Journal of Surgical Oncology , Volume 92 - Issue 3 p. 246- 256
There are a wide variety of palliative treatments for esophageal cancer. The aim of most treatments is to maintain oral food intake, which should stabilize or even improve quality of life. Stent placement is currently the most widely used treatment modality for palliation of dysphagia from esophageal cancer. Stent placement offers a rapid relief of dysphagia, however, the rate of complications (late hemorrhage) and recurrent dysphagia (stent migration, tumor overgrowth) is relatively high. The scientific evidence to advocate the use of anti-reflux stents for the prevention of gastroesophageal reflux is currently too low. Photodynamic therapy is mostly used in North America; however, due to the high costs of the treatment, the long-lasting side effects and the necessity of repeated treatments, it is not an ideal treatment for palliation of malignant dysphagia. Nd:YAG laser is a relatively effective and safe treatment modality, although laser treatment is also expensive, technically difficult and requiring repeated treatment sessions at 4-6 weeks intervals. Single dose brachytherapy compares favorably to stent placement in long-term effectiveness and safety. Effective treatment strategies are probably 12 Gy given in one fraction or 16 Gy given in two fractions. Palliative chemotherapy offers response rates in recent trials (including partial and complete responses) ranging from 35% to 50%. Whether palliative chemotherapy also results in a survival benefit is not established yet. For clinical trials on palliation of esophageal cancer, the measurement of quality of life is an important outcome measure. The cancer-specific EORTC QLQ-C30 and the esophageal cancer-specific EORTC-OES-18 are validated measures for establishing quality of life status. For the future, a multimodality approach with stent placement or brachytherapy in combination with chemotherapy may be indicated.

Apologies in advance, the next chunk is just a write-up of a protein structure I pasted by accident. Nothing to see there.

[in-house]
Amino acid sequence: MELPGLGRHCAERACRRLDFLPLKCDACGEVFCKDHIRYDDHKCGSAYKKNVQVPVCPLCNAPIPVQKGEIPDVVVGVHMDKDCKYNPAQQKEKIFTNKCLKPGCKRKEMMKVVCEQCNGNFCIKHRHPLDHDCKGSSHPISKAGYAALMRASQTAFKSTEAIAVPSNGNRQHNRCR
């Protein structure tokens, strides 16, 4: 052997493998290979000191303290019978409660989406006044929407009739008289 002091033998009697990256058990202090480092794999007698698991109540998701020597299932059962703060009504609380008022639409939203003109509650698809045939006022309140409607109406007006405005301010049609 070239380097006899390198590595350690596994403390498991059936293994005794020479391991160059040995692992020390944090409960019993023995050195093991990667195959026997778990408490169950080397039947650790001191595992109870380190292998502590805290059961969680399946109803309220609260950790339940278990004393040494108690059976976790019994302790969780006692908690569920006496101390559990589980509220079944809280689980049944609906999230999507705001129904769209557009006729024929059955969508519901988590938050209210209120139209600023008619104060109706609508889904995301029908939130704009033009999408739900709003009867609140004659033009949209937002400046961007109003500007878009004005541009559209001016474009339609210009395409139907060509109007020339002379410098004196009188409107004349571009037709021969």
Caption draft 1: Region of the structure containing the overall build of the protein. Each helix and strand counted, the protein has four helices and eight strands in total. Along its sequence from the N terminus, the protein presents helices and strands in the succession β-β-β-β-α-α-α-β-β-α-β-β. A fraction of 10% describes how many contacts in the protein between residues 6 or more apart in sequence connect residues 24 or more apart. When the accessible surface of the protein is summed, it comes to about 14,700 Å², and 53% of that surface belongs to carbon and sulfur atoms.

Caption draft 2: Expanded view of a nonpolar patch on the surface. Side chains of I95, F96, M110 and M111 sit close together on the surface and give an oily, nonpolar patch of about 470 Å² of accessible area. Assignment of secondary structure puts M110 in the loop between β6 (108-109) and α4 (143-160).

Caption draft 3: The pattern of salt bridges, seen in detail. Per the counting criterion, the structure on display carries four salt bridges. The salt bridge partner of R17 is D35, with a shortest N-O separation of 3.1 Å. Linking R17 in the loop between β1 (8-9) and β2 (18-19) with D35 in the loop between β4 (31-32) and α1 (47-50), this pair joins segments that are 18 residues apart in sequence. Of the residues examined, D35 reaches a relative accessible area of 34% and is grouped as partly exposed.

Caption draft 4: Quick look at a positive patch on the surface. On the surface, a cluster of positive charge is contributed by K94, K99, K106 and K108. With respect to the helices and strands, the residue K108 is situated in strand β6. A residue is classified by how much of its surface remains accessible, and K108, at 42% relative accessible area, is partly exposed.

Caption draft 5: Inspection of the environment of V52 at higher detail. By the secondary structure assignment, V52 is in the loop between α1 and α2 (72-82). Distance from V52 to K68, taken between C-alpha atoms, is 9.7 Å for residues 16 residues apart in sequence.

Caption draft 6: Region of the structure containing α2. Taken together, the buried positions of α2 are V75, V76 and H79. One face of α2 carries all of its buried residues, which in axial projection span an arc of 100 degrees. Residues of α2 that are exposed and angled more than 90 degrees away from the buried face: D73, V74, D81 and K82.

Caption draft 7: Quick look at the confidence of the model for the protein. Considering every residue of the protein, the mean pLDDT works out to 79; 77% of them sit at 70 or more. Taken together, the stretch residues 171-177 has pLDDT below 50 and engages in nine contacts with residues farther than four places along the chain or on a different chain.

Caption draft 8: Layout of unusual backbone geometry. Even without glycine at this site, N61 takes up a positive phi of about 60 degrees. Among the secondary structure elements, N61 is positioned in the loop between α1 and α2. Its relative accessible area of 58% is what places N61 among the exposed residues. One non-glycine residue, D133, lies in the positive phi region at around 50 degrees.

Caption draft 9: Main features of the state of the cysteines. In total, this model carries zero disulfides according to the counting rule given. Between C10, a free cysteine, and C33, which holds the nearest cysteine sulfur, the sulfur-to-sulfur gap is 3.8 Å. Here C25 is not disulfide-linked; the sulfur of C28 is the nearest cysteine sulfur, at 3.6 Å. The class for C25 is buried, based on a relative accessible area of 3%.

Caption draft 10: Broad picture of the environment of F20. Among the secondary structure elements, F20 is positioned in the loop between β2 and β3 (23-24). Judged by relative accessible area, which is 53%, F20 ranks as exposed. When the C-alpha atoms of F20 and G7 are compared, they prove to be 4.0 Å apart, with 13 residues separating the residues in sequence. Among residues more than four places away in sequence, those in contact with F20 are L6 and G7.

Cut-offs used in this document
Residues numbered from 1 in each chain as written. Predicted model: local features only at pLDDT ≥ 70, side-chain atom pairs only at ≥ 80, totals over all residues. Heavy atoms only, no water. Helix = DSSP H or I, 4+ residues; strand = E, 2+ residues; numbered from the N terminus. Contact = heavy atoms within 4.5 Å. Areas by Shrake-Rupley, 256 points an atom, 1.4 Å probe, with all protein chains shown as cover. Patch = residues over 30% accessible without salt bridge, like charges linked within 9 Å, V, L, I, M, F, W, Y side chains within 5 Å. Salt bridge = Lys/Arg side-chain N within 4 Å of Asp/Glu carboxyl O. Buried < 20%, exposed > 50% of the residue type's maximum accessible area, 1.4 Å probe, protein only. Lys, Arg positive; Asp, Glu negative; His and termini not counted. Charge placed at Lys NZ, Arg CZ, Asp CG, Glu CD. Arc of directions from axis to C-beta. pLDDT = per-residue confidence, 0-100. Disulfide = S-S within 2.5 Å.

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Homs, M.Y.V, Kuipers, E.J, & Siersema, P.D. (2005). Palliative therapy. Journal of Surgical Oncology (Vol. 92, pp. 246–256). doi:10.1002/jso.20366